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Oct- 29., 1946-
2,410,045
R. E. BURK ET AL ‘
LABORATORY FRACTIONATING COLUMN HEAD‘
Filed Dec. 24, 1942 ‘
pressure
Fr. 1
“757M121! diamei-er
or calpillary fake.
5
INVENTOR.
ROBERT 5:50:21: AM:
Thomas .I Mun
Arrow/vans.
Patented Get. 29, 1946
2,410,045
UNITED‘ STATES PATENT ‘OFFICETYT
2,410,045 ‘
LABORATORY FRACTIONAZEING~COLUMN~
HEAD
‘
.
Robert E. Burk, Clevel and Heights; andL Thomas
J. Walsh, Cleveland, Ohio,‘ assigno'rs» to The
Standard‘ Oil Company, Cleveland, Ohio,- av’cor
poration of Ohio
Application December 24, 1942, Serial No. 470,104
3 Claims.
In’ precision fractional distillation, particularly
(Cl. 257‘--23)‘
2'
'
internal‘ tubular baffle ‘wall ‘l: around the‘ lower‘
sucheas is involved in separation of mixtures of
end of which the ‘fluid may flow. A jacket 9‘ on’
closely-boiling constituents such as for determi
the‘ vent outlet l0" from'th‘e‘ head 2 may alsov re
nation of compositions, as notably for instance
ceive the cooling fluid" and have‘ a connection‘ H.
in. the» case of hydrocarbonrmixtures etc., it is of
Extending through the cylindrical condensing
great importance that the still head should be de
m‘ember‘Q-‘isa small diameter or‘capillary tube l2, .,
signedso that a minimum of the liquid being dis
its lower end opening out from the end 5 of‘ the‘
tilled‘ is held in the still head. This has been
condensingsurface such that the drainage from‘
lacking to such extent as desired, with customary
the’ condensing surface runs down to form a drop
designs of equipment. In accordance with the
i3e"‘which"may ‘be maintained'at the lower en'dof
present invention, the amount of liquid held in
the
tube" I21 by thev surface tension of the liquid‘
the-stillihead may be reduced to terms of a small
condensate. The other‘end‘of the tube IZ’m‘ay"
drop in small laboratory apparatus, and propor
be ‘connected-‘e; g. through a stopcock'for‘ appli
tionally in larger size apparatus; and further
cation of such lower pressure as may be desired
more, fractionation may be applied to a particu 15 in order to draw off liquid from the drop. A vac
larly small sample of material. Other objects
uum for instance may be applied for such pur
and advantages will appear from the following
pose, or, operation may be carried on at atmos
description.
pheric pressure and a syphon may be used to
To the accomplishment of the foregoing and
remove the liquid.
related ends, the invention, then, comprises the
The operation of the device will be understood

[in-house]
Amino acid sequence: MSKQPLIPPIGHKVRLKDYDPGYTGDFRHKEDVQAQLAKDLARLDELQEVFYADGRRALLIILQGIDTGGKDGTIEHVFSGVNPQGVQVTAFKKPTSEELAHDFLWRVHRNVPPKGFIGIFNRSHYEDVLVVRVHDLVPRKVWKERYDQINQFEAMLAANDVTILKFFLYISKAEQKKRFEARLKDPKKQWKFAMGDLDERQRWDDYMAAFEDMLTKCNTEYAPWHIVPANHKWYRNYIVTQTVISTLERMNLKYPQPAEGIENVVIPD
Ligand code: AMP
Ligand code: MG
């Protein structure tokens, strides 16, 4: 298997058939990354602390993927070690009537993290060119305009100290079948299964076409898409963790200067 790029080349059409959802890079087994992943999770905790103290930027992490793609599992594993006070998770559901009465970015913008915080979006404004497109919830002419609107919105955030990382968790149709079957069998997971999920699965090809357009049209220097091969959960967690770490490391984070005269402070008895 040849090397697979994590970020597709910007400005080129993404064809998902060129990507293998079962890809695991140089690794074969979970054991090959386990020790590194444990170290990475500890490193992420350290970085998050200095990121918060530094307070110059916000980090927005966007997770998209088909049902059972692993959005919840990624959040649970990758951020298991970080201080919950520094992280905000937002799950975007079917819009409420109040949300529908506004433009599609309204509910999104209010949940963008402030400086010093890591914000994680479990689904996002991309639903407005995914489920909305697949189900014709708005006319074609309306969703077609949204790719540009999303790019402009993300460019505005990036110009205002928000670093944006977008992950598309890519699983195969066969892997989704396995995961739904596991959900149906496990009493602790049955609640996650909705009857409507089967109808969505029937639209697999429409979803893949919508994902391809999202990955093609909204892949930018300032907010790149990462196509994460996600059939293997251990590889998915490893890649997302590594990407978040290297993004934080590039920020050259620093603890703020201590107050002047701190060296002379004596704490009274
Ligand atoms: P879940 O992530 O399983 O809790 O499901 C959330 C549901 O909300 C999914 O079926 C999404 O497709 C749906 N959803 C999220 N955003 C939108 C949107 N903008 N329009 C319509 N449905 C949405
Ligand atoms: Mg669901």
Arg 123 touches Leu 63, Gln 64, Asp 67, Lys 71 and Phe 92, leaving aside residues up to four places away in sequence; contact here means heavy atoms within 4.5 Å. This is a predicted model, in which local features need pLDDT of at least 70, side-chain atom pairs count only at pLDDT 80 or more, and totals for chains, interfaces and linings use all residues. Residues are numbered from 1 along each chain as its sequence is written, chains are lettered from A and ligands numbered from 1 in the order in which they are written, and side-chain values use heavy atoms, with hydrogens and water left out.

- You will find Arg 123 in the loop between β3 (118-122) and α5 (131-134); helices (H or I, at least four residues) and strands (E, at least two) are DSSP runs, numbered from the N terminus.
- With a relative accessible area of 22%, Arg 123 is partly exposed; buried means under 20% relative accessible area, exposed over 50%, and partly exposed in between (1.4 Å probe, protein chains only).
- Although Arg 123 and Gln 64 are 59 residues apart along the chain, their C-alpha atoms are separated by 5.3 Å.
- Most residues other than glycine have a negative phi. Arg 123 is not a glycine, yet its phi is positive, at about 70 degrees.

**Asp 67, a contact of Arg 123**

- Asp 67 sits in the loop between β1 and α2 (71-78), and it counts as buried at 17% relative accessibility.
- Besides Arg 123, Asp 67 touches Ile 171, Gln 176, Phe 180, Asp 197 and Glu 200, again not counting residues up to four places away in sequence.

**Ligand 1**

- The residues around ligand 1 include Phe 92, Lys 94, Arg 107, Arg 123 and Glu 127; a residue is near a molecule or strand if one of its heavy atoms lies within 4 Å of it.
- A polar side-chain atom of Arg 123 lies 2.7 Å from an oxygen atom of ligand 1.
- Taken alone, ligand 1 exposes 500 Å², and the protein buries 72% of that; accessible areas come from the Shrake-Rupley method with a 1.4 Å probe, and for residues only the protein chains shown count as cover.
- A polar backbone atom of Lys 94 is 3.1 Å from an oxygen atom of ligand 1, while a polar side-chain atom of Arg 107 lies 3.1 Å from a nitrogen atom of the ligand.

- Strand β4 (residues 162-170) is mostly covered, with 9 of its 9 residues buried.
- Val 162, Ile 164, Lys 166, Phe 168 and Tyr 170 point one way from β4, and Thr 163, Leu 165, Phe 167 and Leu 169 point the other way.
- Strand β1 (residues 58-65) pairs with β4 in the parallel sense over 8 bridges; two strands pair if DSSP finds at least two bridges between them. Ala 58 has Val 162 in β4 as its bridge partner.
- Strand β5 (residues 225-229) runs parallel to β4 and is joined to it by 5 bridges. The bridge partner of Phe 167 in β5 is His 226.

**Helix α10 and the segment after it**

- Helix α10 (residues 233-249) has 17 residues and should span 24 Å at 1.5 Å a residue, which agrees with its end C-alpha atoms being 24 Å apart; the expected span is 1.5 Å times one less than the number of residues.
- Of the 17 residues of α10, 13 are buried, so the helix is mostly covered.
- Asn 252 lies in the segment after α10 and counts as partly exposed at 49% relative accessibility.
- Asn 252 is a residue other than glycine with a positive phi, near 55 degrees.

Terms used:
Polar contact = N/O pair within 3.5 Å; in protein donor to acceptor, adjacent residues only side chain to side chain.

features hereinafter fully described, and particu
from the foregoing. The liquid to be fraction
larly pointed out in the claims, the following
ated is suitably vaporized, as in the ?ask 3, and
description and the annexed drawing setting
the vapors rising up through the tubular head 2
forth in detail certain illustrative embodiments
encounter the condensing surface 4, and con
of the invention, these being indicative however, 25 densate thereon drains down to establish a drop
of but a few of the various ways in which the
13 on the end of the take-off tube [2. Vacuum
principle of the invention may be employed.
is applied therethrough as desired, and draw-01f
In said annexed drawing:
from the standing drop of the liquid may be had a
Fig. 1 is a side elevational view showing an
into a receiver in the vacuum line. The liquid
embodiment of the invention, partly broken; Fig. 30 hold~up in the device being in drop dimensions,
2 is a perspective, partly broken View of a ver
tical plate type of apparatus involving the in
vention; and Fig. 3 is a fragmentary elevational
View of a detail.
.
it is to be seen that the apparatus is particularly
responsive to the components being fractionated,
and great accuracy results.
In apparatus having its condensing surface in
In general, the surface upon which re?ux con 35 a form other than cylindrical, as for instance
densate forms in the upper part of the fraction
vertical parallel plates, as shown in Fig. 2 the
ating apparatus is arranged so as to provide con
small diameter or capillary tubes I2’ may be ap
densate in the form of a drop on the end open
plied in such numbers as desired, with the lower
ing of a small diameter or capillary take-off tube,
end of each tube provided with a small collector
such that material can be withdrawn from such 40 cup !5 on the vertical plate condensing surface 4',
drop as required, for instance by applying a vac